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john
Insulation or ventulation

Hi. I am inthe processes of trying to lower my energy bill. I have a new hvac system and it is running full out and my house is still 80 on the inside. I had to cut attic access and when i did i found  as iexcpected i have no insulation. So in the process of preping it to blow in insulation i discovered that i have absolutly no ventulation at all up there. So my questions is which would have more bang for the buck. Should i go ahead and put into insulation first or ventulation first. For money reasons i cant do both right now but will go back later and do the other when i can. 

HandyAndyInMtAiry
Re: Insulation or ventulation

John,

I would suggest ventilation. Heat rises, not cool air. I would also suggest looking under the house for the proper foundation vents. Make sure they are open right now. Sound like the HVAC system was not correctly sized for the environment. Or you used flexiable ducts, and they are leaking air. We have no insulation in our Victorian house, and it stays nice and cool(68) in the summer, and warm(72) in the winter. Insulation in the attic is not your only contributing factor here. This is about all I can suggest with the information that you provided.

Andrew

Handy Andy In Mt Airy NC

john
Re: Insulation or ventulation

I have been under the house and yes the vents are open down there. As I get more into this house it seems like it started out as a 2 or 3 room shack in the 1930's or so and they have just added on to it.  The HVAC system is 2 1/2 ton and house is only 1250 sq/ft. The air blowing out is nice and cold. You can feel the heat near the ceiling if you put your hand up there. It feels 20 degree hotter than the air at person level. If you have questions that would help you understand better just let me know. Also I have  been researching the vents and am going to go with a ridge vent for exhaust but have no soffits or eaves to put intake. So I am looking at my options there. Was wondering is putting box vents low on roof would work and am getting mixed answers from on line. Some people say thats fine others say absolutely not. I did see the edge intake vents but would have to buy alot more than I need because stores near me don't sell them so would have to order them but still have found out if I could install them on a roof that is already shingled. All videos and instruction are about new roofs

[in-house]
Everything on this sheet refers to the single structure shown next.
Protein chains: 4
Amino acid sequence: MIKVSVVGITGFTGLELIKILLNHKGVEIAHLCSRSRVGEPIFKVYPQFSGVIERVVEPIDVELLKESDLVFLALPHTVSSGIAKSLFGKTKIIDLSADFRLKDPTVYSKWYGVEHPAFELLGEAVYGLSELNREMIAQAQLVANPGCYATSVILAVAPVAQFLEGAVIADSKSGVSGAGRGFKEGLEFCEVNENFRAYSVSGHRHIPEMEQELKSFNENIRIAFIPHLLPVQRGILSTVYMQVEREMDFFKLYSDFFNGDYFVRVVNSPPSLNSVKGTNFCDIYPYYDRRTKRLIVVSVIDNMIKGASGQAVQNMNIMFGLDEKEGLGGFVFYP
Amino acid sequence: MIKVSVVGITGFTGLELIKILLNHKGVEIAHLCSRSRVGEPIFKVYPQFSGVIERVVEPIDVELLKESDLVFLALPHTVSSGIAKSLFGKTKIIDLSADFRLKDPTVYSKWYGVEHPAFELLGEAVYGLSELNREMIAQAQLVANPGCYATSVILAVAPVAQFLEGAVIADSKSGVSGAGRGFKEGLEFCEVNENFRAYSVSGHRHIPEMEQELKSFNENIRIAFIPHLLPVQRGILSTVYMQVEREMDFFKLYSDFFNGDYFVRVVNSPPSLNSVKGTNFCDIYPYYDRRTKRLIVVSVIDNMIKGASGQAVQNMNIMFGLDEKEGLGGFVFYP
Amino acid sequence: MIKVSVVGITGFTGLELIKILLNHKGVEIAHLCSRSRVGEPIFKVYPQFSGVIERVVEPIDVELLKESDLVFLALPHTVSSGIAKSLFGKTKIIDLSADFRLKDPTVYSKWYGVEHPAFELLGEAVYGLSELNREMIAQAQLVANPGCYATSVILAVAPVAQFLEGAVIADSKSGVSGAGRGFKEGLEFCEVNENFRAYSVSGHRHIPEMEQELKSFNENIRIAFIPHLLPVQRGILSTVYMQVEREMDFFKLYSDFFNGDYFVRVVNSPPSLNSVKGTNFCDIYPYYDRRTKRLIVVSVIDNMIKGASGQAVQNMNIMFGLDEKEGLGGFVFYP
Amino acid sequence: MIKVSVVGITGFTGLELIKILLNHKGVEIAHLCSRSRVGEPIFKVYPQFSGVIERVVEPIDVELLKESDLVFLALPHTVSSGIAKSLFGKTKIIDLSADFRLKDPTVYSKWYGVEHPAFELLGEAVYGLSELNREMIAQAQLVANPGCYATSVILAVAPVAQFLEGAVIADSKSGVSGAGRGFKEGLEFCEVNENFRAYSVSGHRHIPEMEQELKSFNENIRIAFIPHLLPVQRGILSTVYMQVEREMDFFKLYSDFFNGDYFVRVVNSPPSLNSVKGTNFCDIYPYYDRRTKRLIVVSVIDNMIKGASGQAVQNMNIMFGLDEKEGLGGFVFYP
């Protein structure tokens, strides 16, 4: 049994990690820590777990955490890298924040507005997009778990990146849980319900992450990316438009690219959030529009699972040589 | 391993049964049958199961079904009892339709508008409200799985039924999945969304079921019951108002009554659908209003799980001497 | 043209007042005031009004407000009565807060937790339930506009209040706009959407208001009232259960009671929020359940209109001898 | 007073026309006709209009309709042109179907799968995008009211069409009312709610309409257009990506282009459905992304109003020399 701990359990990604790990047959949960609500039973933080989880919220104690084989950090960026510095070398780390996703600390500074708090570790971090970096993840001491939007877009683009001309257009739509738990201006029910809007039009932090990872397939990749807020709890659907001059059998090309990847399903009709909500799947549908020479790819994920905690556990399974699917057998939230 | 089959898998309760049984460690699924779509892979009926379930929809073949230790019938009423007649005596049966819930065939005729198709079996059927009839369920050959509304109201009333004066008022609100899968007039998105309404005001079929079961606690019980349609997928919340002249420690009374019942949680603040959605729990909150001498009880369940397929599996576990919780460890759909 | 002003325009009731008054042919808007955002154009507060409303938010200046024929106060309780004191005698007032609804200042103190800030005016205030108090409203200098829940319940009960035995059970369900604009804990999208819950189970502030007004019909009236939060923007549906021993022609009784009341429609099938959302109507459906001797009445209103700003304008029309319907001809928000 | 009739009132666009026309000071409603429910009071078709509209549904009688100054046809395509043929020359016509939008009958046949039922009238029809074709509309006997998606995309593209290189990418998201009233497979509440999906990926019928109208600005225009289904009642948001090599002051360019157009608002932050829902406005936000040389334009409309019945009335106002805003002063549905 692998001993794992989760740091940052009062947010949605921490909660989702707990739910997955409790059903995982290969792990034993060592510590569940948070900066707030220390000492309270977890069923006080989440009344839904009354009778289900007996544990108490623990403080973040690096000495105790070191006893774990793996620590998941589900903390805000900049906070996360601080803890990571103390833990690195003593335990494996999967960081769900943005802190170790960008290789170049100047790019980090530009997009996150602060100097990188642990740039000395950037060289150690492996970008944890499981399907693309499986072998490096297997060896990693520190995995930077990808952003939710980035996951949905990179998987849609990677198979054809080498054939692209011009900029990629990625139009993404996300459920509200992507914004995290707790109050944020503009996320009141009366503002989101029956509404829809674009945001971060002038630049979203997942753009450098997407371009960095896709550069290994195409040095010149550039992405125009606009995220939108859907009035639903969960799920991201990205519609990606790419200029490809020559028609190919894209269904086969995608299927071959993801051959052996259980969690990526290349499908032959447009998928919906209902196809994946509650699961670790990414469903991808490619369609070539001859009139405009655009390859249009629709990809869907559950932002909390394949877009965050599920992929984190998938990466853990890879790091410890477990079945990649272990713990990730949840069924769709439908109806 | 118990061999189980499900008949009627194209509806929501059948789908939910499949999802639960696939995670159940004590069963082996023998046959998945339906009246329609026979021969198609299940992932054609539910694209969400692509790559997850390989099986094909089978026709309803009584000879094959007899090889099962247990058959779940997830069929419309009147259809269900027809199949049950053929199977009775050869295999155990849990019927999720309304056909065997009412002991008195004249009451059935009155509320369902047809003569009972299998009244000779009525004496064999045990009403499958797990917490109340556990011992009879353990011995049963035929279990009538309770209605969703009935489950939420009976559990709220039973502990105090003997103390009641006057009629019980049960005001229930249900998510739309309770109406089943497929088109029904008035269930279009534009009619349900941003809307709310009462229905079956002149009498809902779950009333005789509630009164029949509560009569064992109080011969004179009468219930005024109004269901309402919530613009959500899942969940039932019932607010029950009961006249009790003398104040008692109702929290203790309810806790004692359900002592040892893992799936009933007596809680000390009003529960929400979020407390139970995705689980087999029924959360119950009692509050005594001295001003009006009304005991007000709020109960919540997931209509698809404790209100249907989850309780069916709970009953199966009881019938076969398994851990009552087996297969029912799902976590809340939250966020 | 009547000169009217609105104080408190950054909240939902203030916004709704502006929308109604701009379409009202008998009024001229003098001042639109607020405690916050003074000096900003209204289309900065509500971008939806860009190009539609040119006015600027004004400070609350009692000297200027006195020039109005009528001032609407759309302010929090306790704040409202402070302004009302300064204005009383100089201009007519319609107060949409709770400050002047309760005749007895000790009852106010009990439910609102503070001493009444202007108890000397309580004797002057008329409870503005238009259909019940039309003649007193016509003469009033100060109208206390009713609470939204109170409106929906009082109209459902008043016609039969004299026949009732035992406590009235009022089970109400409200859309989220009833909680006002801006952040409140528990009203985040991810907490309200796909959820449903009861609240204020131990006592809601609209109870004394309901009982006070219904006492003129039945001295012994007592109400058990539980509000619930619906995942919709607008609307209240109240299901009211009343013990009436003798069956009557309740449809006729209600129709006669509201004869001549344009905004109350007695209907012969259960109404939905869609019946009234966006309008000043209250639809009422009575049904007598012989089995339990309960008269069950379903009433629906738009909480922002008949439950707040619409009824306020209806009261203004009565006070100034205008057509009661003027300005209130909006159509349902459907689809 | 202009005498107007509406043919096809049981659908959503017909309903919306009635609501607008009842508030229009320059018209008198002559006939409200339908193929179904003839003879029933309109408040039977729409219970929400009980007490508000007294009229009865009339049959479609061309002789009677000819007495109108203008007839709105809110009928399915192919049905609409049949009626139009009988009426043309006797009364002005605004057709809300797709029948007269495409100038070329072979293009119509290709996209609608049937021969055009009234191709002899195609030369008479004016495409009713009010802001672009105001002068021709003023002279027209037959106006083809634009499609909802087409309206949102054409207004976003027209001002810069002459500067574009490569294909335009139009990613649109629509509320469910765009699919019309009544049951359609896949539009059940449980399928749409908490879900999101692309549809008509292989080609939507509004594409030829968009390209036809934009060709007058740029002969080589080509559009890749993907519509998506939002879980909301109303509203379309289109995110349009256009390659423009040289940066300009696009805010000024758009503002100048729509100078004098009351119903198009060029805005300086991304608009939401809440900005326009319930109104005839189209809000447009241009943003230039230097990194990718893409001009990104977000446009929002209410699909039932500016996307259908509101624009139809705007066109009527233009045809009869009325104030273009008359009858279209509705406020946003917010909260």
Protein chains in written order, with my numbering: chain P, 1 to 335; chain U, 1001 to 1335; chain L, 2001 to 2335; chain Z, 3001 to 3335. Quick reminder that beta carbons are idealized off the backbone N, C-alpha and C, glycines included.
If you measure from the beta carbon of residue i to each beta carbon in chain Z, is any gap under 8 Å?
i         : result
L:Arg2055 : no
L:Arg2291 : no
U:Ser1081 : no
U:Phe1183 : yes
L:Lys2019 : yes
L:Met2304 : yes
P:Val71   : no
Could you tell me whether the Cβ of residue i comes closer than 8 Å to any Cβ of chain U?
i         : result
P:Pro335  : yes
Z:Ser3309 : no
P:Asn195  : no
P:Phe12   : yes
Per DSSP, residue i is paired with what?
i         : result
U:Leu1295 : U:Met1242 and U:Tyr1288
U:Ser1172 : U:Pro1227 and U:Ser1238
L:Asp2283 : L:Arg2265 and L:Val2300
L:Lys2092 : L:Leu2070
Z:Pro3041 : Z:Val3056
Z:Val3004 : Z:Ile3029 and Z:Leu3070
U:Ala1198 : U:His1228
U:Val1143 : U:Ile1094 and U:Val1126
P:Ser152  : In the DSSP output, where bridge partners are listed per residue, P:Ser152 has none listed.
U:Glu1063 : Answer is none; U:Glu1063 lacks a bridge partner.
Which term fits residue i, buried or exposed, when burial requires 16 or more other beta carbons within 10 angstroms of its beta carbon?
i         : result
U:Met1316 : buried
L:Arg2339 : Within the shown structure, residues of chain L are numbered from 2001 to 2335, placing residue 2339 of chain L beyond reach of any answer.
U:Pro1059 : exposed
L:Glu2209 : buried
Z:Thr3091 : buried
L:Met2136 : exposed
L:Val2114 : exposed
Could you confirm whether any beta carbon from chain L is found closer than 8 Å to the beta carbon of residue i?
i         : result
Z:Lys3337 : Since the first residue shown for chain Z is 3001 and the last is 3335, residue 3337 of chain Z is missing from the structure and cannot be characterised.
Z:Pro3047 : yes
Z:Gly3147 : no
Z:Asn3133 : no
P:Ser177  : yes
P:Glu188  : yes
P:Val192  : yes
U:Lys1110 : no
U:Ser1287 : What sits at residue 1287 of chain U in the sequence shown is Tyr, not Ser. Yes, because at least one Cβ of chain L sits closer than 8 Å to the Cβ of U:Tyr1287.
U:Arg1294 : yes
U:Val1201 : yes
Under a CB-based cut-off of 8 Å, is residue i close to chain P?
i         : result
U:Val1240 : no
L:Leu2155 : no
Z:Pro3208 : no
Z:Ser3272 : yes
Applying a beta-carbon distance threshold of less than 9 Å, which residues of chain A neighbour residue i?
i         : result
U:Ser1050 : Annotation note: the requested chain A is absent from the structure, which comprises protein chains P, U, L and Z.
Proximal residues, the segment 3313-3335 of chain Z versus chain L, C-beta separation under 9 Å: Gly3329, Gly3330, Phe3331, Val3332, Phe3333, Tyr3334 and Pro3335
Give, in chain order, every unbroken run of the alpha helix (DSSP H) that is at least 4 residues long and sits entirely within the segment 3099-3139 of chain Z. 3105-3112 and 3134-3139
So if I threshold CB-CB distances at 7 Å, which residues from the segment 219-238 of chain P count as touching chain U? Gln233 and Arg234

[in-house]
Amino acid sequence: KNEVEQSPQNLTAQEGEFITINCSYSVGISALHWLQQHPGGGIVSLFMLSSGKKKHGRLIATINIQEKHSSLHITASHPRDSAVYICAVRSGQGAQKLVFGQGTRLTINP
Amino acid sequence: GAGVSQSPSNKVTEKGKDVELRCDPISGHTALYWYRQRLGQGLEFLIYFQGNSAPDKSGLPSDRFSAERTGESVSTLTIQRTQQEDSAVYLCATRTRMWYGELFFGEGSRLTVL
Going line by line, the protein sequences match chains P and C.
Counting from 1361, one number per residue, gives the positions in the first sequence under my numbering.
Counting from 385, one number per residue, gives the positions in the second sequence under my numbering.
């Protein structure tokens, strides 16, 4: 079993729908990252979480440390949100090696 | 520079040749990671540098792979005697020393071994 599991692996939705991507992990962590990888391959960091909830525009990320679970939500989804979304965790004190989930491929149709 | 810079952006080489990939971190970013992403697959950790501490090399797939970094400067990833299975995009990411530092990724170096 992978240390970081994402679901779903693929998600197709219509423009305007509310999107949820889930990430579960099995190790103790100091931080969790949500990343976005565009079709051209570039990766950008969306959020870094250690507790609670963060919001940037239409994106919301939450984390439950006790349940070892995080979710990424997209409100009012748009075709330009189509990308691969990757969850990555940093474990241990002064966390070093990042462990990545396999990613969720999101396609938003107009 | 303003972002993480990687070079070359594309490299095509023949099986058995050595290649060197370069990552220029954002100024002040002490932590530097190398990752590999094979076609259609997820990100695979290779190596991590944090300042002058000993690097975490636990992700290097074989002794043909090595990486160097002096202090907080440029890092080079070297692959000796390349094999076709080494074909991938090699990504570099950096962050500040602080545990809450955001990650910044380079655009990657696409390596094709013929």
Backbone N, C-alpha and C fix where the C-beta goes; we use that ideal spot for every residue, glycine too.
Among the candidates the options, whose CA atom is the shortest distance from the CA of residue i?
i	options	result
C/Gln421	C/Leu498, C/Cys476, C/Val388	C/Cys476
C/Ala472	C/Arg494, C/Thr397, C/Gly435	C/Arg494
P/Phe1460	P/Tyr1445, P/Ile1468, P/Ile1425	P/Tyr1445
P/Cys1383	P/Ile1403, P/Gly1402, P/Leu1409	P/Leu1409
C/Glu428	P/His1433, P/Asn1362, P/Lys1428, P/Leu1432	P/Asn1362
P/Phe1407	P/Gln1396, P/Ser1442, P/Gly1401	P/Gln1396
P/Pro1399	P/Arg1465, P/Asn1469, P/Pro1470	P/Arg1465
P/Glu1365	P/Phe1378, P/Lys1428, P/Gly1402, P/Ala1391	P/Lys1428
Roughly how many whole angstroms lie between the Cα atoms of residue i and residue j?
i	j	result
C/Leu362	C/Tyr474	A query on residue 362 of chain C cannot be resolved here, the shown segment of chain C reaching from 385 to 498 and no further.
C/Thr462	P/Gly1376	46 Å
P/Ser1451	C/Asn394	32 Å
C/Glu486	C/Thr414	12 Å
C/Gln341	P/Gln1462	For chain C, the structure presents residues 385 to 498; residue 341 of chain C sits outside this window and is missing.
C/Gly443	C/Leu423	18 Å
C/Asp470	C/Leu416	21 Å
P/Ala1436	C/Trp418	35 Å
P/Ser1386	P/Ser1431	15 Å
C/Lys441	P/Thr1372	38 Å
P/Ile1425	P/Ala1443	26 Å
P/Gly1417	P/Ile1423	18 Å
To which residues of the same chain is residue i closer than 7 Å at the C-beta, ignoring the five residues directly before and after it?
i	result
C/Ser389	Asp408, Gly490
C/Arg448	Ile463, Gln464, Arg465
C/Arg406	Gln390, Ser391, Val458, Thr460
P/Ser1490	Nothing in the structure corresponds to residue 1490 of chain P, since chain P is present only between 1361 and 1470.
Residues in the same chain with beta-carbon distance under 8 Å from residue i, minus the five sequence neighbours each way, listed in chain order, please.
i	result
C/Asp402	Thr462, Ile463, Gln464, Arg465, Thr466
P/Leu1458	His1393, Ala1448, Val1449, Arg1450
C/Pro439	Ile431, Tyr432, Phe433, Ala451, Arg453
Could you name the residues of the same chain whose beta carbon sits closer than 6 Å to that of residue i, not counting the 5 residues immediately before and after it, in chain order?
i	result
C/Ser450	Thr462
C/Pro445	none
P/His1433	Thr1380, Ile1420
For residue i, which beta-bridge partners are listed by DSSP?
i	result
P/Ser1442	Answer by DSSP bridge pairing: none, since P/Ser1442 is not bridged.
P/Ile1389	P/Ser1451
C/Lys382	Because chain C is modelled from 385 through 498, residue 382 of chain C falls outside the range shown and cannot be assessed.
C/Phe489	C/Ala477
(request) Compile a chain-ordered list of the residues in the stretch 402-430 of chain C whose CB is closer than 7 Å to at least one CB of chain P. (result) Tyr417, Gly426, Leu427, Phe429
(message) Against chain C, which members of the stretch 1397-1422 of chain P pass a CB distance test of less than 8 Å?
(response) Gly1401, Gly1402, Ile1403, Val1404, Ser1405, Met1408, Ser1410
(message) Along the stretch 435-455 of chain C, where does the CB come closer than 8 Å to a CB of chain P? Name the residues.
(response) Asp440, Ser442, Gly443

HandyAndyInMtAiry
Re: Insulation or ventulation

You attic space may be venting from the basement up. Older houses are not designed like new houses. Why do you believe that you need to vent your attic? What is the average temp in your attic? Unless you are planning to use it for living space, a couple gable vents will be more than enough. If you install a ridge vent, you must have air intakes down at the soffit level, and they must match CFPM air flow. If not, you will have small cyclone in your attic. Yes, you may install a ridge vent on an existing shingled roof. But your work may not overcome the amount of air to be exchanged. But that is up to you and an engineer. You need to look at the structure in your attic before you cut into the ridge.

Andrew

Handy Andy In Mt Airy

john
Re: Insulation or ventulation

It's definitely not venting into the crawl space there's nothing there there to vent to. As for the temperature the other day it was around a hundred and forty and the air was stail. I did look into gable vents but I only have one wall That's eligible for a Gable I guess that could be used as the intake but I don't think it's enough air and I would still have to use the ridge vent as an exhaust or another product. but it wasn't the ridge vent that I had a question about installing on a shingled roof it's something called an edge Vent it's for people without soffits and installs near the edge of the roof. It's an intake vent to replace soffit vents. 

Devin
Re: Insulation or ventulation

John - I have seen the edge vent, and am curious about its perfomance and aplicabilty as well.  I have a 1925 bungalow, with open venting to my crawl space (center wall is wide open on top and bottom for plumbing and gas lines), so am also curious on the performance of just a ridge vent, but understand I need to have ample airflow coming from the intake side to properly exchange air.  

It sounds to me like your house is very similiar in construction to mine, and living in Texas we seem to get similiar temps in our attic as you reference, if not a little warmer.  On Airvent's website they have a contractor locater which I used to contact someone in my local area to ask about this exact thing.  Hopefully upon speaking with a contractor about it, I can help to answer some of your questions as well.

I have read as much as the internet has to offer, and most (ok all) point to the fact ridge vents without soffit or similiar solutions do not work.  That said, they do not seem to offer much else in the way of solutions for our particular prediciment, as I believe it to be a unique case.   No offense intended for anyone, at all.  

Suffice to say, I am just as lost as you!

Devin

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